Using Informational Labeling to Influence the Market for Quality in Food Products
In the United States, the federal government is increasingly using requirements for informational labeling on food products to influence 1) consumers' knowledge and purchasing patterns and 2) manufacturers' product offerings and marketing practices. We discuss the economic rationale behind these regulations and issues related to judging their success or failure.
(This abstract was borrowed from another version of this item.)
If you experience problems downloading a file, check if you have the proper application to view it first. In case of further problems read the IDEAS help page. Note that these files are not on the IDEAS site. Please be patient as the files may be large.
As the access to this document is restricted, you may want to look for a different version under "Related research" (further below) or search for a different version of it.
Volume (Year): 78 (1996)
Issue (Month): 5 ()
|Contact details of provider:|| Postal: 555 East Wells Street, Suite 1100, Milwaukee, Wisconsin 53202|
Phone: (414) 918-3190
Fax: (414) 276-3349
Web page: http://www.aaea.org/
More information through EDIRC
References listed on IDEAS
Please report citation or reference errors to , or , if you are the registered author of the cited work, log in to your RePEc Author Service profile, click on "citations" and make appropriate adjustments.:
- Kyle Bagwell & Michael Riordan, 1986. "Equilibrium Price Dynamics for an Experience Good," Discussion Papers 705, Northwestern University, Center for Mathematical Studies in Economics and Management Science.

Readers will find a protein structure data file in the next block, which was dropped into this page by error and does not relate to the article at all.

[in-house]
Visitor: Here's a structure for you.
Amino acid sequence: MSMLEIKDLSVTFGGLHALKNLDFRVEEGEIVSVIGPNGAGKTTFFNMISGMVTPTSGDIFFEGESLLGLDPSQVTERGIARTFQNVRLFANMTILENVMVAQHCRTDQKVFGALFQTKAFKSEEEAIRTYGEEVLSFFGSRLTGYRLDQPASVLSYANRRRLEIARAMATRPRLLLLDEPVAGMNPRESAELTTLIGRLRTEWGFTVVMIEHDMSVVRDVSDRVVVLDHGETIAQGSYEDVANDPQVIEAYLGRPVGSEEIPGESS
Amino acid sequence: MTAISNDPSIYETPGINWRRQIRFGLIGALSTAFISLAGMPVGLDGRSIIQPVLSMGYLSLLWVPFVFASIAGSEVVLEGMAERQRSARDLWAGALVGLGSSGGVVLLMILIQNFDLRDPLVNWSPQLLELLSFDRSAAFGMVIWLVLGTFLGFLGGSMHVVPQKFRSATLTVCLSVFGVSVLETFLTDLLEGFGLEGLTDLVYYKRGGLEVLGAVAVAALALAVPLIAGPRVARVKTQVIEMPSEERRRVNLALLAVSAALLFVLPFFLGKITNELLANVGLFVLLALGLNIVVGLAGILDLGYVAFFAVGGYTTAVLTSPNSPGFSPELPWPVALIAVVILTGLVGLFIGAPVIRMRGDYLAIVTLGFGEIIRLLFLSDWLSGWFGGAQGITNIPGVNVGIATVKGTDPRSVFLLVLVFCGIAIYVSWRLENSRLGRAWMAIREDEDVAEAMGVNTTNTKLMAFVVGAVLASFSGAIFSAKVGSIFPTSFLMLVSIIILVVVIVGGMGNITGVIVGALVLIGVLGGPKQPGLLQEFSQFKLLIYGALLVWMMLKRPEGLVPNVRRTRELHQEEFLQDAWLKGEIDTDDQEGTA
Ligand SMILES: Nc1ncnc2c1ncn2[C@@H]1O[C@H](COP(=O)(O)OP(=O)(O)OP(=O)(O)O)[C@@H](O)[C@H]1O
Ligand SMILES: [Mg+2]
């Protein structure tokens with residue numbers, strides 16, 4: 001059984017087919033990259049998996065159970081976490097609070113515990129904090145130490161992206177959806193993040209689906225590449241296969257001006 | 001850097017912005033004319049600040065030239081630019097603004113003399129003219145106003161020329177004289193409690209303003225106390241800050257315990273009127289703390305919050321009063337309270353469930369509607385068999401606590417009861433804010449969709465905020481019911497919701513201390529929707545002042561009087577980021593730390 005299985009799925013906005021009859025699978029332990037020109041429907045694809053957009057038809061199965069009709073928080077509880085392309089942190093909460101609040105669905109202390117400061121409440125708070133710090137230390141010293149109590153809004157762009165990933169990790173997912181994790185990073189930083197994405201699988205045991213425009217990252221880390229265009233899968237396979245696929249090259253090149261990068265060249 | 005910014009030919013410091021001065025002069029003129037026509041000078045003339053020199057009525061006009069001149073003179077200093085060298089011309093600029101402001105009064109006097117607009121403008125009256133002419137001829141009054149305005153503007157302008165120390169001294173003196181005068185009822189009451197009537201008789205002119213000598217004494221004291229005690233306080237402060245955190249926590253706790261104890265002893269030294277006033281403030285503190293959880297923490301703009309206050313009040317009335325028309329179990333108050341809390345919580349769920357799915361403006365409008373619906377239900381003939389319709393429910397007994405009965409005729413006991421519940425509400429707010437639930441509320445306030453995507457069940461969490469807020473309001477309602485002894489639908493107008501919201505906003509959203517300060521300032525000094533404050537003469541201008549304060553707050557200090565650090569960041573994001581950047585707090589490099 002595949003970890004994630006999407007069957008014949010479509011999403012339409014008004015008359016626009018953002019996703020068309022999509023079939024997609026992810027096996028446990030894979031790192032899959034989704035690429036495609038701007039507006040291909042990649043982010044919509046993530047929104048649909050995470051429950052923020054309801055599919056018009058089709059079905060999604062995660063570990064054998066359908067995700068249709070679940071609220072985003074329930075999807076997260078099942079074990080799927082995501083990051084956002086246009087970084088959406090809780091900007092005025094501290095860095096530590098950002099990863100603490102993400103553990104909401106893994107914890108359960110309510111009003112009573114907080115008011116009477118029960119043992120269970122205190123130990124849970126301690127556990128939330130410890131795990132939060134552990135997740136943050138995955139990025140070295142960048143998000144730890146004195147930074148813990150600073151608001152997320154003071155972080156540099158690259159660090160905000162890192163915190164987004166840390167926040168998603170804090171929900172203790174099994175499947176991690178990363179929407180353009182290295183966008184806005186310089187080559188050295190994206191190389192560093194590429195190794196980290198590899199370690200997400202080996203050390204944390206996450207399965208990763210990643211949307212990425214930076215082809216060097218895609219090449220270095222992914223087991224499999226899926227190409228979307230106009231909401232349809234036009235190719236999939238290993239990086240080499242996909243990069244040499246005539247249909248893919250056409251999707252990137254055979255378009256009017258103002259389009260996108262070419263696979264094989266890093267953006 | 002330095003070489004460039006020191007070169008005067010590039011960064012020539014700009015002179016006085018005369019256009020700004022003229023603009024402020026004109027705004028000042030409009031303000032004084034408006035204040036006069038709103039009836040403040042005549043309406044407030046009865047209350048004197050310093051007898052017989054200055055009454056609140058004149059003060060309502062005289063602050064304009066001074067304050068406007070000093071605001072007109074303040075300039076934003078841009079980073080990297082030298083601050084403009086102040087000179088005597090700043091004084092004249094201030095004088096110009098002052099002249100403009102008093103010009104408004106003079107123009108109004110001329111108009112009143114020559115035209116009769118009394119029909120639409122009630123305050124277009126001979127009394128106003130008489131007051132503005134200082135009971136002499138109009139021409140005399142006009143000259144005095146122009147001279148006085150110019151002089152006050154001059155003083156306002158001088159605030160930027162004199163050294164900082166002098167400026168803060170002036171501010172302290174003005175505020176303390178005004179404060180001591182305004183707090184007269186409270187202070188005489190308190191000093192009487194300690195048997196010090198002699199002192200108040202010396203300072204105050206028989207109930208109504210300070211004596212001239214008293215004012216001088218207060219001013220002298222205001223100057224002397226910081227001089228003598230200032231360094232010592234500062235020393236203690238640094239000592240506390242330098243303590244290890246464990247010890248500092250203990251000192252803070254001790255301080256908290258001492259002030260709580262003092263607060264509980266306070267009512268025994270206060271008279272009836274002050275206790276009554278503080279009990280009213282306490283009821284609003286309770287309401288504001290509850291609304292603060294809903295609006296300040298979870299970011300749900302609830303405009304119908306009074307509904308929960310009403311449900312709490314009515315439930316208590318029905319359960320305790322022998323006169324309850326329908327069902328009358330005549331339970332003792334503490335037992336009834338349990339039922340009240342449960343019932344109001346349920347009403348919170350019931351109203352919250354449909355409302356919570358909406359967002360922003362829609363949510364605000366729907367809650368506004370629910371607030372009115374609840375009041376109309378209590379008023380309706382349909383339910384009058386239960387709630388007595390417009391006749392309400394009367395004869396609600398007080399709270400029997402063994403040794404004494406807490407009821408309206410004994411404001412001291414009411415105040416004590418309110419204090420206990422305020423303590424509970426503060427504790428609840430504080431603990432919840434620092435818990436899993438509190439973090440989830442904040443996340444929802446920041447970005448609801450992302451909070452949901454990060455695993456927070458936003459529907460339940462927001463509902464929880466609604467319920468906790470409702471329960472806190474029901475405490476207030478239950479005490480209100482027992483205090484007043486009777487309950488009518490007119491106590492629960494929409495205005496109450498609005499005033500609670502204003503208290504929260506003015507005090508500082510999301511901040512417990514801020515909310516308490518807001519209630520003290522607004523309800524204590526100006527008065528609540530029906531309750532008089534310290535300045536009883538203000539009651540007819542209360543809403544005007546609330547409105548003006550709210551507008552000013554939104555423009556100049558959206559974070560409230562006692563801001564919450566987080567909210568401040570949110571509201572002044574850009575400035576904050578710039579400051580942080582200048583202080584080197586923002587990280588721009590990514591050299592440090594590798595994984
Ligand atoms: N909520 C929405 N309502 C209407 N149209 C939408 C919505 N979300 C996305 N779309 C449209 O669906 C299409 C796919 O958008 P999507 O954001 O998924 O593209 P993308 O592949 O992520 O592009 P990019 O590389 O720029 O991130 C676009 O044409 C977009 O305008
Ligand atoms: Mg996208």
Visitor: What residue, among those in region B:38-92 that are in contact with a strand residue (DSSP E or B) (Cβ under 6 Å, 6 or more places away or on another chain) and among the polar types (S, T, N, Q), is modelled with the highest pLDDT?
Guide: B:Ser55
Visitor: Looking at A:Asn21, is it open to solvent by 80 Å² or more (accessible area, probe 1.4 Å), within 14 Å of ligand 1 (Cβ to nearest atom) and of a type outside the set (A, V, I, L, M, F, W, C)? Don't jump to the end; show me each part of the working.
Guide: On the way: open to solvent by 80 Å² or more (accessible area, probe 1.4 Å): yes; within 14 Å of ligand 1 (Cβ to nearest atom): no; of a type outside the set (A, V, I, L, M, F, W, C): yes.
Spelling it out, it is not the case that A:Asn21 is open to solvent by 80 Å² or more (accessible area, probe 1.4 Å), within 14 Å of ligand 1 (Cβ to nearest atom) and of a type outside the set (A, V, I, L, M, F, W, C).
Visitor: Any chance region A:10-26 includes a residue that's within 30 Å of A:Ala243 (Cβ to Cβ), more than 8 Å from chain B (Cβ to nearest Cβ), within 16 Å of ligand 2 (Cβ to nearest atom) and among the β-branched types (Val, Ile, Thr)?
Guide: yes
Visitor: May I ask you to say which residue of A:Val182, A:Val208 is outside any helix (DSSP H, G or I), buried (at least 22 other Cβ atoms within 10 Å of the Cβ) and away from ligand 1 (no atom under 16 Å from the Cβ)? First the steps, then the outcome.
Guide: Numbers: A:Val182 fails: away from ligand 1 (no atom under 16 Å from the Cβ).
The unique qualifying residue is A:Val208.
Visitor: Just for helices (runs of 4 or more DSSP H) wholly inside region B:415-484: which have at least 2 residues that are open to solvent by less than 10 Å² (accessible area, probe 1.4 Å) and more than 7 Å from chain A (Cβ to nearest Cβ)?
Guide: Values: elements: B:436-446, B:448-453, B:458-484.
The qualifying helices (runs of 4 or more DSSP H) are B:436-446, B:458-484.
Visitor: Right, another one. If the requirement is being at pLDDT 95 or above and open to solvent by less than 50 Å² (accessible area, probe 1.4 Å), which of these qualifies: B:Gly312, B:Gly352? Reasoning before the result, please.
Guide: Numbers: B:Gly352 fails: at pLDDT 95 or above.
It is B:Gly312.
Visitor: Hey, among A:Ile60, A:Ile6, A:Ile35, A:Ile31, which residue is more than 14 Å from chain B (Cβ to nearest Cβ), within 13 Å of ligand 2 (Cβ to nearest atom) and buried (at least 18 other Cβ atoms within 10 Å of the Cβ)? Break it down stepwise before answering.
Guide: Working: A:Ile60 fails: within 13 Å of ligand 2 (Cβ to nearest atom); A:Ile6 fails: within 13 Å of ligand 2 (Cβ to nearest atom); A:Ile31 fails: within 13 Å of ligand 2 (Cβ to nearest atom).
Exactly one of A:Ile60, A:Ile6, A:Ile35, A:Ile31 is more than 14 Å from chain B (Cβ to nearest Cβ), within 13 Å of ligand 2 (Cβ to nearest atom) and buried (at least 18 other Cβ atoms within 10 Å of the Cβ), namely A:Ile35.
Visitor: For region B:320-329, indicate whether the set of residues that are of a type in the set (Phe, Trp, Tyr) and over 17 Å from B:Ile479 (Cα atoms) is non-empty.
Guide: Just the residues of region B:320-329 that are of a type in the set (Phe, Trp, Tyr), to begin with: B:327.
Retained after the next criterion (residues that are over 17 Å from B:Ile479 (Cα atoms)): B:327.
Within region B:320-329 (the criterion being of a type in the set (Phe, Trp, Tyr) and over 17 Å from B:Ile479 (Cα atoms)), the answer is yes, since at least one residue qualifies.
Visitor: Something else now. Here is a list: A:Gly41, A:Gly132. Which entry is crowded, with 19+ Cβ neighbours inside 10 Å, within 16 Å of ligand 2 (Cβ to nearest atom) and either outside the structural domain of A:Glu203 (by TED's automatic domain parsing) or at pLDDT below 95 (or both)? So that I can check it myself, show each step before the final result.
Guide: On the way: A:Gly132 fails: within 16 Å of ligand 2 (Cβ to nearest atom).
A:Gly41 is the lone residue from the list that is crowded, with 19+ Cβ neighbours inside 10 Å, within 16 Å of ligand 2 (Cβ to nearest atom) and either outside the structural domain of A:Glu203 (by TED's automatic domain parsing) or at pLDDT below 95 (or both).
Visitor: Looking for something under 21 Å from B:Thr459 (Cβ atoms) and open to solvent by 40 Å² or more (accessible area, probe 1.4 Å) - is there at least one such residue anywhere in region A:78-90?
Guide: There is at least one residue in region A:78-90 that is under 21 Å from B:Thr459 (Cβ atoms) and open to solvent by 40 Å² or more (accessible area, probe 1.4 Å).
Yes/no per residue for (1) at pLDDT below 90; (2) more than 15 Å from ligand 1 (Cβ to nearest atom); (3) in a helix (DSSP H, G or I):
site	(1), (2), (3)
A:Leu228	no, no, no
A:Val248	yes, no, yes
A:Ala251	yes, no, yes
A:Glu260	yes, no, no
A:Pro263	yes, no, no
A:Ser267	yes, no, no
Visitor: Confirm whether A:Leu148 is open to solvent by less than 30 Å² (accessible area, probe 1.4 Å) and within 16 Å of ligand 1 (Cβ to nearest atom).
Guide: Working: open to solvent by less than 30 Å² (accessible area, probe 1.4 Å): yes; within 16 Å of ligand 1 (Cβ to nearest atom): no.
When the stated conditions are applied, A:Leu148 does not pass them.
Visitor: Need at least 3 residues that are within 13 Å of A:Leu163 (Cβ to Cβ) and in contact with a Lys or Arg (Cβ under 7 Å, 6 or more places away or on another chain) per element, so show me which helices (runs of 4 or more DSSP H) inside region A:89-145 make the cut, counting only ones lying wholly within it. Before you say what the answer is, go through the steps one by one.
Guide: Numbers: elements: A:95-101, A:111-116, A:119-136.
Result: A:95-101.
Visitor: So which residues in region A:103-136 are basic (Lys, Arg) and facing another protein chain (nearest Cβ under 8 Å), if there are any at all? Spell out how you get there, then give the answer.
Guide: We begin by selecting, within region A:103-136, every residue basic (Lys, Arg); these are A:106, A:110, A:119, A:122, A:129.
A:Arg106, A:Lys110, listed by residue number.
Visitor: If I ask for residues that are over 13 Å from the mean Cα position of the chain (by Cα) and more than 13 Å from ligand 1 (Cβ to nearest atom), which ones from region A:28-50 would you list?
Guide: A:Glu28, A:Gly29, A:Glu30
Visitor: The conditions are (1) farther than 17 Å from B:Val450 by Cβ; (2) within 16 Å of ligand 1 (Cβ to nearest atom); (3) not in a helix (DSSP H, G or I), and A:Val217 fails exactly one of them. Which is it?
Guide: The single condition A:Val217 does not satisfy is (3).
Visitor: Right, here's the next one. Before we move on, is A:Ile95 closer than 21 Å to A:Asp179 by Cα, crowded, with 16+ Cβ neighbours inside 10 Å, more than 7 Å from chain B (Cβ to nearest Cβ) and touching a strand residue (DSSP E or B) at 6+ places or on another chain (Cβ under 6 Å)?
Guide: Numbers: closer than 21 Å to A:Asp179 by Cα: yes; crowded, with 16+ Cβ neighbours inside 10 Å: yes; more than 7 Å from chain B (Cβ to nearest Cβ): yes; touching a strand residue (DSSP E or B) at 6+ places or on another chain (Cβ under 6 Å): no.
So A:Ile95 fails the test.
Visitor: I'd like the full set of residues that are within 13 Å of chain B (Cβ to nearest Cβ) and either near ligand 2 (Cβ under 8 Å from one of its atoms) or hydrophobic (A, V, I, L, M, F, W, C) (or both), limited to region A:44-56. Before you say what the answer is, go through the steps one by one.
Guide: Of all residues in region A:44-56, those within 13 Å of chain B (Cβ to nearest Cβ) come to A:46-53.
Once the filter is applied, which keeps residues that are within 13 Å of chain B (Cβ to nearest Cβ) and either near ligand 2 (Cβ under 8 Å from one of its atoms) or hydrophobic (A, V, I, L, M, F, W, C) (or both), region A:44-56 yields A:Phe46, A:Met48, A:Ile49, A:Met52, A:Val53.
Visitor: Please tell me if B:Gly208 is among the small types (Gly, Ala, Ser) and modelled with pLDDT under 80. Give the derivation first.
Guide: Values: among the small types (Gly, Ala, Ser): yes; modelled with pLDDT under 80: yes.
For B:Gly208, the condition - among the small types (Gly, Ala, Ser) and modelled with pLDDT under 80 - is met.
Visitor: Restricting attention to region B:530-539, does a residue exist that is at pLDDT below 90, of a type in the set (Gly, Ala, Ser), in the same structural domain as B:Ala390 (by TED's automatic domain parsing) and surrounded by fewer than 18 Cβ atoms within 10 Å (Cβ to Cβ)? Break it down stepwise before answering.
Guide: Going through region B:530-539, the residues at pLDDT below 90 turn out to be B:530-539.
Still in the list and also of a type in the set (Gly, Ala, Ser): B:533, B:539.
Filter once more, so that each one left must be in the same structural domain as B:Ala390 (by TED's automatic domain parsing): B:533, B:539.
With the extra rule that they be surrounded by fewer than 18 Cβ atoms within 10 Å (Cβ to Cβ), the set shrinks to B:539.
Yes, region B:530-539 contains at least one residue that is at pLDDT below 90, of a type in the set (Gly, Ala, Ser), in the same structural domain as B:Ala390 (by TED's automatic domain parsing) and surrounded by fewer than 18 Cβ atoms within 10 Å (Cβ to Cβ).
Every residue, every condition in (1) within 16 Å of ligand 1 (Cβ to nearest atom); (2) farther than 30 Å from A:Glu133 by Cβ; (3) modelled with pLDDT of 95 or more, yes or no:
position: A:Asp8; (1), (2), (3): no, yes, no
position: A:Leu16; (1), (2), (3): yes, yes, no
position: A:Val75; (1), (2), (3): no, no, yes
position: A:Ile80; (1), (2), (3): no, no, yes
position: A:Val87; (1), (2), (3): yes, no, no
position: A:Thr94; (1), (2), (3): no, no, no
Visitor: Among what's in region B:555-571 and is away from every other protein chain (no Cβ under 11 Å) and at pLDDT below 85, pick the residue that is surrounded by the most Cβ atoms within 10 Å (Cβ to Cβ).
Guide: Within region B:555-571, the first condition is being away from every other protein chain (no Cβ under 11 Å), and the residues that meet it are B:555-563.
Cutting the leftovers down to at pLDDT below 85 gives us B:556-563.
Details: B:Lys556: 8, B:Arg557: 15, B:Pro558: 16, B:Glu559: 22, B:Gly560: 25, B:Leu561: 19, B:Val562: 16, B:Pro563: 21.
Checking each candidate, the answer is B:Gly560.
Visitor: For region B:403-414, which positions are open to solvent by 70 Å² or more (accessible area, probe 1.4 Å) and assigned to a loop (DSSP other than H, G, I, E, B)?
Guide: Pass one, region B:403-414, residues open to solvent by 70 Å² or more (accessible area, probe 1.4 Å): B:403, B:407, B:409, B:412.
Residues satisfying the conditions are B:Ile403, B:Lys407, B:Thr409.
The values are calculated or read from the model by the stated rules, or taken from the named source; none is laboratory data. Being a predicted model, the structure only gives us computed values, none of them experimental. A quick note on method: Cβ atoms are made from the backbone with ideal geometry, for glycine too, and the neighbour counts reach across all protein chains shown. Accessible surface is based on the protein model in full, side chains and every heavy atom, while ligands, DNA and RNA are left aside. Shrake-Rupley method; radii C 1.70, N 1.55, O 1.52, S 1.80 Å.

- Darby, Michael R & Karni, Edi, 1973. "Free Competition and the Optimal Amount of Fraud," Journal of Law and Economics, University of Chicago Press, vol. 16(1), pages 67-88, April.
- Alan Swinbank, 1993. "Completion of the EC's internal market, mutual recognition, and the food industries," Agribusiness, John Wiley & Sons, Ltd., vol. 9(5), pages 509-522.
- Wesley A. Magat & W. Kip Viscusi, 1992. "Informational Approaches to Regulation," MIT Press Books, The MIT Press, edition 1, volume 1, number 026213277x, December.
- Neal H. HOOKER & Julie A. CASWELL, "undated".
"Regulatory Targets And Regimes For Food Safety: A Comparison Of North American And European Approaches,"
Department of Resource Economics Regional Research Project
9511, University of Massachusetts.
- Hooker, Neal H. & Caswell, Julie A., 1995. "Regulatory Targets And Regimes For Food Safety: A Comparison Of North American And European Approaches," Proceedings: The Economics of Reducing Health Risk from Food, June 6-7, 1995, Washington, D.C. 25964, Regional Research Project NE-165 Private Strategies, Public Policies, and Food System Performance.
- Henson, Spencer & Traill, Bruce, 1993. "The demand for food safety : Market imperfections and the role of government," Food Policy, Elsevier, vol. 18(2), pages 152-162, April.
- Klein, Benjamin & Leffler, Keith B, 1981. "The Role of Market Forces in Assuring Contractual Performance," Journal of Political Economy, University of Chicago Press, vol. 89(4), pages 615-641, August. Full references (including those not matched with items on IDEAS)
When requesting a correction, please mention this item's handle: RePEc:oup:ajagec:v:78:y:1996:i:5:p:1248-1253. See general information about how to correct material in RePEc.
For technical questions regarding this item, or to correct its authors, title, abstract, bibliographic or download information, contact: (Oxford University Press)or (Christopher F. Baum)
If you have authored this item and are not yet registered with RePEc, we encourage you to do it here. This allows to link your profile to this item. It also allows you to accept potential citations to this item that we are uncertain about.
If references are entirely missing, you can add them using this form.
If the full references list an item that is present in RePEc, but the system did not link to it, you can help with this form.
If you know of missing items citing this one, you can help us creating those links by adding the relevant references in the same way as above, for each refering item. If you are a registered author of this item, you may also want to check the "citations" tab in your profile, as there may be some citations waiting for confirmation.
Please note that corrections may take a couple of weeks to filter through the various RePEc services.